However, no advances have been recently published about the microalgae cultivation in a FBRT, which are focused on the collector curvature where the critical area is located and the infl uence of uncommon geometries is considered for the solar collector (square, hexagonal and octagonal) in the agitation of the cultivation. Taking into account the neutral buoyancy of the algae in the culture medium (Michels, van der Goot, Norsker & Wijffels, 2010), this article analyzes the development of a single phase fl ow -water- through horizontal ducts of different profi le (circular, octagonal, hexagonal and square) using the computational tool of Dynamic Fluids (CFD) called FLUENT 12.1.2, under the Reynolds stress model.

2. THEORETICAL FRAMEWORK

Turbulence Models

The turbulence models k-epsilon (k-ε) and Reynolds stress (RSM) are the most used models for establishing the behavior of this type of fl ow and are based on the continuity equations of average momentum (Bitog et al., 2011). The k-ε model is simple, numerically robust and easy convergence, but it is known to generate poor results for fl ow with high agitation or a large amount of vortices. Meanwhile, the RSM is more appropriate for this type of simulations although it require machines with more powerful computational characteristics and can present stability problems (Shalaby, Pachler, Wozniak, & Wozniak, 2005).

The Reynolds Stress Model (RSM) is a detailed proto- type of turbulence that provides better approximations to the true fl ow behavior (Alpma & Long, 2005; Fernández- Roque, Toledo-Velásquez &Vásquez-Flores, 2006). The RSM is used for calculating the Reynolds stress from the differential transport equations, represented in the Equation 1 (Alpma & Long, 2005; Fernández-Roque et al., 2006).

In Equation 1, the term on the left is known as the convection term, Cij; Pij, from which the stress produc- tion is deduced:

Fij represent the rotation:

The turbulent diffusion is indicated by DijT:

Φij symbolizes the correlation between the pressure and the deformation:

εij is the turbulence dissipation:

Shear Stress

The hydrodynamic forces present in a FBRT solar collector may cause high shear stress that affects the microalgae (Mazzuca-Sobezuk, García-Camacho, Molina-Grima & Chisti, 2006; Sánchez-Mirón, García- Camacho, Contreras-Gómez, Molina-Grima & Chisti, 2000), reducing its growth or causing its cellular death. However, this agitation movement in the cultivation is necessary for the microalgae to remain in suspension and for improve the light distribution (Michels et al., 2010). This shear stress, present in the solar collector, is directly related to the viscosity of the culture medium and the strain rate, as shown in Equation 7 (Mott, 2005).

Where τ is the Shear Stress, µ is the viscosity of the fluid; u is the fl uid speed and y is the coordinate perpen- dicular to the direction of fl ow.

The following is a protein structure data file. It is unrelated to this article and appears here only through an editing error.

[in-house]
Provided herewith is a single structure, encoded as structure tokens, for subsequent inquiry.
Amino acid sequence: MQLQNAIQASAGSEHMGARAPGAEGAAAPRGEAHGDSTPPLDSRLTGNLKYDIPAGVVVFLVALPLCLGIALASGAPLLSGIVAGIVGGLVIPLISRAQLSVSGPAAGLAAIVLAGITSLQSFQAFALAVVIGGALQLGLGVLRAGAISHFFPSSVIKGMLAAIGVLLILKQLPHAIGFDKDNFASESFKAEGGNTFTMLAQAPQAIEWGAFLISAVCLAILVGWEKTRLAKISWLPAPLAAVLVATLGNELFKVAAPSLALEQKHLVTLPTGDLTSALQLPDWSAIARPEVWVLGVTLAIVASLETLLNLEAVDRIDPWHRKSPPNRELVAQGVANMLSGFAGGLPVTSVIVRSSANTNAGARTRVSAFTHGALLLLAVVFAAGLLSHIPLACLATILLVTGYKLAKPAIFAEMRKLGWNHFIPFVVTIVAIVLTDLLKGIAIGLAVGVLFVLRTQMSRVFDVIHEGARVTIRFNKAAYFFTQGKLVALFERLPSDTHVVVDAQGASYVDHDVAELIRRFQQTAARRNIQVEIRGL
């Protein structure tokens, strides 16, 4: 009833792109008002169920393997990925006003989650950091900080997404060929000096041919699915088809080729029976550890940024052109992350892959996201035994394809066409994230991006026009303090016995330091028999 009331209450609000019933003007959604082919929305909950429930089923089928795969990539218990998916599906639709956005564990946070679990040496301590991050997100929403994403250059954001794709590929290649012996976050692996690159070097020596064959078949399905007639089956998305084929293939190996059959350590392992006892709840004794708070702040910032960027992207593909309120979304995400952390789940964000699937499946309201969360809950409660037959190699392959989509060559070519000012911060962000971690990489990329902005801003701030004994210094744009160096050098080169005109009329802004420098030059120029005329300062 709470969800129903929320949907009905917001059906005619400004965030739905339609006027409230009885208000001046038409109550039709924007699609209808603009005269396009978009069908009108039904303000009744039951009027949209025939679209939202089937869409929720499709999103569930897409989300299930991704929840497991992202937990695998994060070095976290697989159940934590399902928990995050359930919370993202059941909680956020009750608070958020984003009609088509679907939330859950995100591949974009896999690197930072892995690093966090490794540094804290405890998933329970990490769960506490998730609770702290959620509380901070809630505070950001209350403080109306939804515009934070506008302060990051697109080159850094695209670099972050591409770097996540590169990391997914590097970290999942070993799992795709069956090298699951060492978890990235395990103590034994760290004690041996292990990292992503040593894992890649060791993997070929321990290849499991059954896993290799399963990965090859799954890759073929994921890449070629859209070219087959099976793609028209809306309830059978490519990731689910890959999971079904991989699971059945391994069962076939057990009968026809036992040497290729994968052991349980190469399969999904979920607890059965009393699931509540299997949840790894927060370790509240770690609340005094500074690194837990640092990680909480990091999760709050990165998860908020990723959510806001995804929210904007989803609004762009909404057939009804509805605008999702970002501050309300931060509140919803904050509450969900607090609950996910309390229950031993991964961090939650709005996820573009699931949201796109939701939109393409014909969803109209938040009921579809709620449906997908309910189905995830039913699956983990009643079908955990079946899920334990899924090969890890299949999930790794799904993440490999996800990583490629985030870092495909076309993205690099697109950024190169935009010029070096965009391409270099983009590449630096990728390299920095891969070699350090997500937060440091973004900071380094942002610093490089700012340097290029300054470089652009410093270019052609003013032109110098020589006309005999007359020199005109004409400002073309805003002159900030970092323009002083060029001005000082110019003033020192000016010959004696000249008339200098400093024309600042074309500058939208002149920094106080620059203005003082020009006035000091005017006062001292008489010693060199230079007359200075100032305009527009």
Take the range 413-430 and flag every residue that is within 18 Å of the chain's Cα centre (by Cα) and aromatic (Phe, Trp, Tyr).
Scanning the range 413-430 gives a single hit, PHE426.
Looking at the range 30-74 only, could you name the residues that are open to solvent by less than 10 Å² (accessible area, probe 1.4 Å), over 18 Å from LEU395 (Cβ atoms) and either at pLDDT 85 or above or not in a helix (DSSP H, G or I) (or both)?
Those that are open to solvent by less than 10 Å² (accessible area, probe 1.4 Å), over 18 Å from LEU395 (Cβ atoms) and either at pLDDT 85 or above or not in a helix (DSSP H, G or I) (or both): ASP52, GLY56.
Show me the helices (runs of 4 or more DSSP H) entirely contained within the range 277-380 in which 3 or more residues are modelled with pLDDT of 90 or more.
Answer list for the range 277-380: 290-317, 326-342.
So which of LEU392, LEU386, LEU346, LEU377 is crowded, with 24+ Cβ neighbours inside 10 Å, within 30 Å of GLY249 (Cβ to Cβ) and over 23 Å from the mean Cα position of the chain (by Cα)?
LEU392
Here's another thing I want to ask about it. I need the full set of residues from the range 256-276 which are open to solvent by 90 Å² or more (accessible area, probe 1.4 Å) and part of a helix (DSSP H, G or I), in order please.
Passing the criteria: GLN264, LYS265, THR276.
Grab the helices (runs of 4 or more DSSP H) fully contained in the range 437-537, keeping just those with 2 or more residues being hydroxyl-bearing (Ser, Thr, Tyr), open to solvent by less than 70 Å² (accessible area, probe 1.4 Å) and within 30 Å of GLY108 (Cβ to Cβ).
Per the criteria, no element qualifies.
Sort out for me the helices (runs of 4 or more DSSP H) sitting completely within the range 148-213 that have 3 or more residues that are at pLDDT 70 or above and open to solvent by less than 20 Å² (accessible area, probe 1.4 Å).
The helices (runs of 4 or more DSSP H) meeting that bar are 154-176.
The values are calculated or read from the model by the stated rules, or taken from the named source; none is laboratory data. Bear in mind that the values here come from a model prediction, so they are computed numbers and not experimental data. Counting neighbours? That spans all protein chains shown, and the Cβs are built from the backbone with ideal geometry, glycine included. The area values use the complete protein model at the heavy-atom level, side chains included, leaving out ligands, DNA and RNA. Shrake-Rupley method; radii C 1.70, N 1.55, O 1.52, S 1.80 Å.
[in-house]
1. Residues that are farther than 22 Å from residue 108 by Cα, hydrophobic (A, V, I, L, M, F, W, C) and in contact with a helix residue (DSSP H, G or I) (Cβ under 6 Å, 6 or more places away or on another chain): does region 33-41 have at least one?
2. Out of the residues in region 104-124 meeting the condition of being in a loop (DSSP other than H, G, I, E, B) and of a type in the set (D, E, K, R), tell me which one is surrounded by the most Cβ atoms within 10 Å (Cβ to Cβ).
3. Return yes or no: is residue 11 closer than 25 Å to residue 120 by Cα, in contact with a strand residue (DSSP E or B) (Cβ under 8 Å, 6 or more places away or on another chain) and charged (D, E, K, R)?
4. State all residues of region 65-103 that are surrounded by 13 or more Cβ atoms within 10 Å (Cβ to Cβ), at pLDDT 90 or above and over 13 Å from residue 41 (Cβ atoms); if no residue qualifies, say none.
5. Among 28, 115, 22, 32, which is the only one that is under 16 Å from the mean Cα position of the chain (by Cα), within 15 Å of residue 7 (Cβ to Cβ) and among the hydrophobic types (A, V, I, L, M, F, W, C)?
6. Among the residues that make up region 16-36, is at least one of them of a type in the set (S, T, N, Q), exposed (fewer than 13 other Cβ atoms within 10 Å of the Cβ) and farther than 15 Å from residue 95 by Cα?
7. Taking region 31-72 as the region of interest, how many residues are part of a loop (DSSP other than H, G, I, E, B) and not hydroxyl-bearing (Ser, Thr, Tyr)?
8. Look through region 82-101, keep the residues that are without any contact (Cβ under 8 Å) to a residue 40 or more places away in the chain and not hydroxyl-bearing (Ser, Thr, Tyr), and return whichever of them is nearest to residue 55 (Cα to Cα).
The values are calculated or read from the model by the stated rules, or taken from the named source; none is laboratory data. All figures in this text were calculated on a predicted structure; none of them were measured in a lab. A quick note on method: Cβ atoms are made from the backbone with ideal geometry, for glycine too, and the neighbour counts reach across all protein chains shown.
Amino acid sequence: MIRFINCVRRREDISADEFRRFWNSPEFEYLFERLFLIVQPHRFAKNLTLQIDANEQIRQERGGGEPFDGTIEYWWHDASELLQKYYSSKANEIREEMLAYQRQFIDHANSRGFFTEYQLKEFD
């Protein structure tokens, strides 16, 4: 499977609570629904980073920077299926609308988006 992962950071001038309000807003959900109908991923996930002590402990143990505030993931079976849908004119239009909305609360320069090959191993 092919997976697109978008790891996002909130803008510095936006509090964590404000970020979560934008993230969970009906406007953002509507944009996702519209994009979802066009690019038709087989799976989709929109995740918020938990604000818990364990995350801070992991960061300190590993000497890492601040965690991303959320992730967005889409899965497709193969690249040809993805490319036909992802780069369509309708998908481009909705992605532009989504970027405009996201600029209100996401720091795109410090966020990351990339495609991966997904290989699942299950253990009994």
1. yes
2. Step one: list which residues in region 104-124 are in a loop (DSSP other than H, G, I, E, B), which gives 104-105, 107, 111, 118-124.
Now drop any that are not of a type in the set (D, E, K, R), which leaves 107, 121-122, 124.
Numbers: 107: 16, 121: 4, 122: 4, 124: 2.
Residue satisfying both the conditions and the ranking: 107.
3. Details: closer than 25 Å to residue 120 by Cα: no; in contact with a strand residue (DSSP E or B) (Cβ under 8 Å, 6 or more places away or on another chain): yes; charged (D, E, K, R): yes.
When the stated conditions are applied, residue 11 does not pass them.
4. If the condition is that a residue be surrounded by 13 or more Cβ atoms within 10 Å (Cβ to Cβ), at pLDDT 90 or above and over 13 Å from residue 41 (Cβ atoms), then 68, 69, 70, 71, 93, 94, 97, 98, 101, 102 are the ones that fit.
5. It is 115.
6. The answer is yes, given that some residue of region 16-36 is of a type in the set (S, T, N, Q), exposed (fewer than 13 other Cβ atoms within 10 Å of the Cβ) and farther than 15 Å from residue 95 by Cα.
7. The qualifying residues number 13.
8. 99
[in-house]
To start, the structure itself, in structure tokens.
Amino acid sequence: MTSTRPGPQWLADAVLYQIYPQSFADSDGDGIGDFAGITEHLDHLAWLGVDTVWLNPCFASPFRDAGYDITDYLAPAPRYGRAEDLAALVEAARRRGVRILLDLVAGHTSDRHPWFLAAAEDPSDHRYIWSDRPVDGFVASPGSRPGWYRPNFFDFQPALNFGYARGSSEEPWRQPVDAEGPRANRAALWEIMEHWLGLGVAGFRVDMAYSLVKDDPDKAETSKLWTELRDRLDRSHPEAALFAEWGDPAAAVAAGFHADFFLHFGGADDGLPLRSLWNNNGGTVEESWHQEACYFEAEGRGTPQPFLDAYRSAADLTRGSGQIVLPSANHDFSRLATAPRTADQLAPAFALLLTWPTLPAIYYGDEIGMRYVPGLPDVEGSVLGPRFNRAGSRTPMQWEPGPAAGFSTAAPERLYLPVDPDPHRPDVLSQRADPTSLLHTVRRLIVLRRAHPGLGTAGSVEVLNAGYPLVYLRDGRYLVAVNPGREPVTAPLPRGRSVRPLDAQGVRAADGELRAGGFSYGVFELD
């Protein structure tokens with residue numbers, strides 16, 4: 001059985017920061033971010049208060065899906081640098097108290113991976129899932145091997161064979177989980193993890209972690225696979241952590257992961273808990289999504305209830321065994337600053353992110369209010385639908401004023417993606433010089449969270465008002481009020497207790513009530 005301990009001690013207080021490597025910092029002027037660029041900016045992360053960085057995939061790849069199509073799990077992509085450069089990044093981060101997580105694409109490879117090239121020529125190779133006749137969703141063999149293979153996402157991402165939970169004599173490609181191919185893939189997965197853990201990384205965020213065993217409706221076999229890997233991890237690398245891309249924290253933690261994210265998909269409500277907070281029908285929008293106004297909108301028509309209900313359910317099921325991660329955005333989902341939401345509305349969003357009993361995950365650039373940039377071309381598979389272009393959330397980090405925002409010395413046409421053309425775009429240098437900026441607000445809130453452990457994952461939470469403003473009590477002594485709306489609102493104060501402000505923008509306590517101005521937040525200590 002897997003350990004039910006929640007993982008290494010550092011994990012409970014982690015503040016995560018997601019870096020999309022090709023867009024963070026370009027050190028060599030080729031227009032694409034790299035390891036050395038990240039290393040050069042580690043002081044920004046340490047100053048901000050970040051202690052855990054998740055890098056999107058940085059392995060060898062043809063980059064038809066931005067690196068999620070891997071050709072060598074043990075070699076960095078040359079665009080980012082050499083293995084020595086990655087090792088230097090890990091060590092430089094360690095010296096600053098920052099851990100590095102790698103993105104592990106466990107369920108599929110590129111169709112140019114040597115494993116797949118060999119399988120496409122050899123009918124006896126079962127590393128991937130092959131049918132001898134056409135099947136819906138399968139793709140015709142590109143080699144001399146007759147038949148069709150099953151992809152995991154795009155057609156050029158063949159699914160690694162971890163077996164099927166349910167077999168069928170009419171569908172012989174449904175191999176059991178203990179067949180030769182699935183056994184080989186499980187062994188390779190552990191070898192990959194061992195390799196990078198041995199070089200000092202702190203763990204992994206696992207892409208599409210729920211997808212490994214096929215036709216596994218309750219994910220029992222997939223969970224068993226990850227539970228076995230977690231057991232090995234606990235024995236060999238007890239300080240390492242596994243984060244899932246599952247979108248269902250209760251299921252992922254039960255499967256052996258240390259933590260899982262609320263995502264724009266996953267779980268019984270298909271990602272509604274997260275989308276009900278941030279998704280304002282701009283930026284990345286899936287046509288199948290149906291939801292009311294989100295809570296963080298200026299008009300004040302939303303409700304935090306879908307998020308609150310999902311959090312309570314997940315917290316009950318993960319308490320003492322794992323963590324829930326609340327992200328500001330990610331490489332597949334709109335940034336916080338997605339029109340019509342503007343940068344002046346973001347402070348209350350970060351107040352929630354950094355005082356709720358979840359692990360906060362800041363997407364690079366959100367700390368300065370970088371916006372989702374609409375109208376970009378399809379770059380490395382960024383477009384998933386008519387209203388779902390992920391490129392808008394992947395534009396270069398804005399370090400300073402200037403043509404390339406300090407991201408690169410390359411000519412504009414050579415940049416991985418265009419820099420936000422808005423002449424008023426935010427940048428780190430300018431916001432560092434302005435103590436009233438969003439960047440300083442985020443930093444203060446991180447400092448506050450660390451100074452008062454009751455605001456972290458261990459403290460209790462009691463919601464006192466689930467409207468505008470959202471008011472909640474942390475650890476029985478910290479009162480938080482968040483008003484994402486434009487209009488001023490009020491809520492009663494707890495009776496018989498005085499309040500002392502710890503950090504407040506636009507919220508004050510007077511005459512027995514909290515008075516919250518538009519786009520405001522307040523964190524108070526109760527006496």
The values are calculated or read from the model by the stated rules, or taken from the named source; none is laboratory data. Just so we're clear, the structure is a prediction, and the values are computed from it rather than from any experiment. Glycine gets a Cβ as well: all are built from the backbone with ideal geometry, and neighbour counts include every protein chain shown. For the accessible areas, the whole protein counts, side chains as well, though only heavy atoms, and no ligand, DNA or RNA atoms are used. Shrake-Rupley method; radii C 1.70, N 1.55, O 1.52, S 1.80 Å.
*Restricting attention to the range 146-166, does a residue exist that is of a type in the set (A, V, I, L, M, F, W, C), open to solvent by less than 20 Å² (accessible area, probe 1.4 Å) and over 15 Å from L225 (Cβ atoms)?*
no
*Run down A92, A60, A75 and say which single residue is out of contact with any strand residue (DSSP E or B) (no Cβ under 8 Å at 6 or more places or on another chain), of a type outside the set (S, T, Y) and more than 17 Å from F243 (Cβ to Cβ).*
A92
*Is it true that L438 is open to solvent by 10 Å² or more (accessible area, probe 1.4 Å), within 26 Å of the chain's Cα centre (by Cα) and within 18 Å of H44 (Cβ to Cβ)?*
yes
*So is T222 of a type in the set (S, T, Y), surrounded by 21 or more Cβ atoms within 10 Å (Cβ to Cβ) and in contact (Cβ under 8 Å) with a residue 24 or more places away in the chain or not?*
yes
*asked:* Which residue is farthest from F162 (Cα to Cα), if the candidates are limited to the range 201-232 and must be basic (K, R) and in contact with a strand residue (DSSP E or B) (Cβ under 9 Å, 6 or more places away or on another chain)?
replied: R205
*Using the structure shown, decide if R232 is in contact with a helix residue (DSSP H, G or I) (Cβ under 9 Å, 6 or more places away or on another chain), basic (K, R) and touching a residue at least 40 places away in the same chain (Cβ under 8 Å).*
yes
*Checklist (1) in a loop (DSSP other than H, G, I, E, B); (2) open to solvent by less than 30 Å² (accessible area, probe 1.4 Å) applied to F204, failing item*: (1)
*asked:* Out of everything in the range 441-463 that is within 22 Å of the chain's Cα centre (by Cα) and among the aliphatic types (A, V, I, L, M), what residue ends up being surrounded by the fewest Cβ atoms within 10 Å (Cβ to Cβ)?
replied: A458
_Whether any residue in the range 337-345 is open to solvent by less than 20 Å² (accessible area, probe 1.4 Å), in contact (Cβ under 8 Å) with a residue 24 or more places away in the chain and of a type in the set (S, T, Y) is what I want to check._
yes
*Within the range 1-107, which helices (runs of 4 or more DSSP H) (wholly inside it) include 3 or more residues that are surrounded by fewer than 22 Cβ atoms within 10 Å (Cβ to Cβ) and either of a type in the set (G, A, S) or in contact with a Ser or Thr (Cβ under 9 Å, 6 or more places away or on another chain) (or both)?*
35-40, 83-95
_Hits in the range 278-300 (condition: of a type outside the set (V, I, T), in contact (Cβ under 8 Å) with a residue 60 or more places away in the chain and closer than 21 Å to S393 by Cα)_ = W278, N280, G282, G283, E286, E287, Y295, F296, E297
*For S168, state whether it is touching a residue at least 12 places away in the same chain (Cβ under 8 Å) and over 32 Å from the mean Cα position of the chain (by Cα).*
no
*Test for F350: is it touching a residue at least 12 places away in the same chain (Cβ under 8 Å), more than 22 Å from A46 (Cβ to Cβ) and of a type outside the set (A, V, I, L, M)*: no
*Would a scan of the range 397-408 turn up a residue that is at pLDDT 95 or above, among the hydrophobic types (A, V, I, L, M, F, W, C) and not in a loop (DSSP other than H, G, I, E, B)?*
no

3. METHODOLOGY

The present study aims at establishing a suitable methodology and a complete validation of the initial data to obtain an appropriate simulation of the culture medium in the solar collector of the FBRT. For this purpose, the main parameters are speed, agitation and shear stress present in the flow.

Geometry

The hydraulic diameter, the curvature and the length of these pipes are the only factors that remain constant for the different profi les. Therefore, it is necessary to establish the general dimensions of each one of the studied profi les (see Figure 2). In the case of the circular duct, the hydraulic diameter corresponds to the diameter of the profi le. However, for the other confi gurations, the hydraulic diameter, Dh, is given by Equation 8 (Aparecido & Cotta, 1990) which relates the cross sectional area (A) with the wet perimeter (Pwet) of the duct. See Table 1.

Mesh Generation

The RSM equations are an adequate mathematical representation of the fl ows, even the turbulent ones.

However, the resolution of these equations for the calculation of the turbulent fl ow requires for a tempo- rary discretization and a fi ne mesh calculation. For this reason, the generation of the mesh is the initial step in the simulations CFD.

This work relies on a section of the solar collector of the FBR as a simulation object. The non-structured three dimensional mesh used in these sections of the ducts has more than 600 000 nodes totally (see Table 2) and was created with the software ICEM CFM (ANSYS 12.1). See Figure 3.

Initial Conditions And Simulation

The numerical simulation of the monophasic flow (water) in the ducts was performed by using the FLUENT software version 12.1.2. (Ansys Inc.). The workplace was a Dell™ Precision™ M6500 laptop computer with an Intel Core i7 quad-core processor of 1.6 GHz. The time of calculation of each one of the 24 simulations was two hours, approximately.

Due to the small size of the bubbles that are gene-rated by the injection of carbon dioxide in the horizontal solar collector, a homogeneous flow is assumed in this situation (Camacho-Rubio et al., 1999). The laminar flow was analyzed under a stationary state with implicit formulation through the Reynolds Stress Model (pressure - linear deformation), using different fluid inlet velocity in all the ducts (see Table 2) and a turbulence intensity of 10%. The condition at the entrance of the ducts is velocity. For the output, it is pressure equal to ΔP.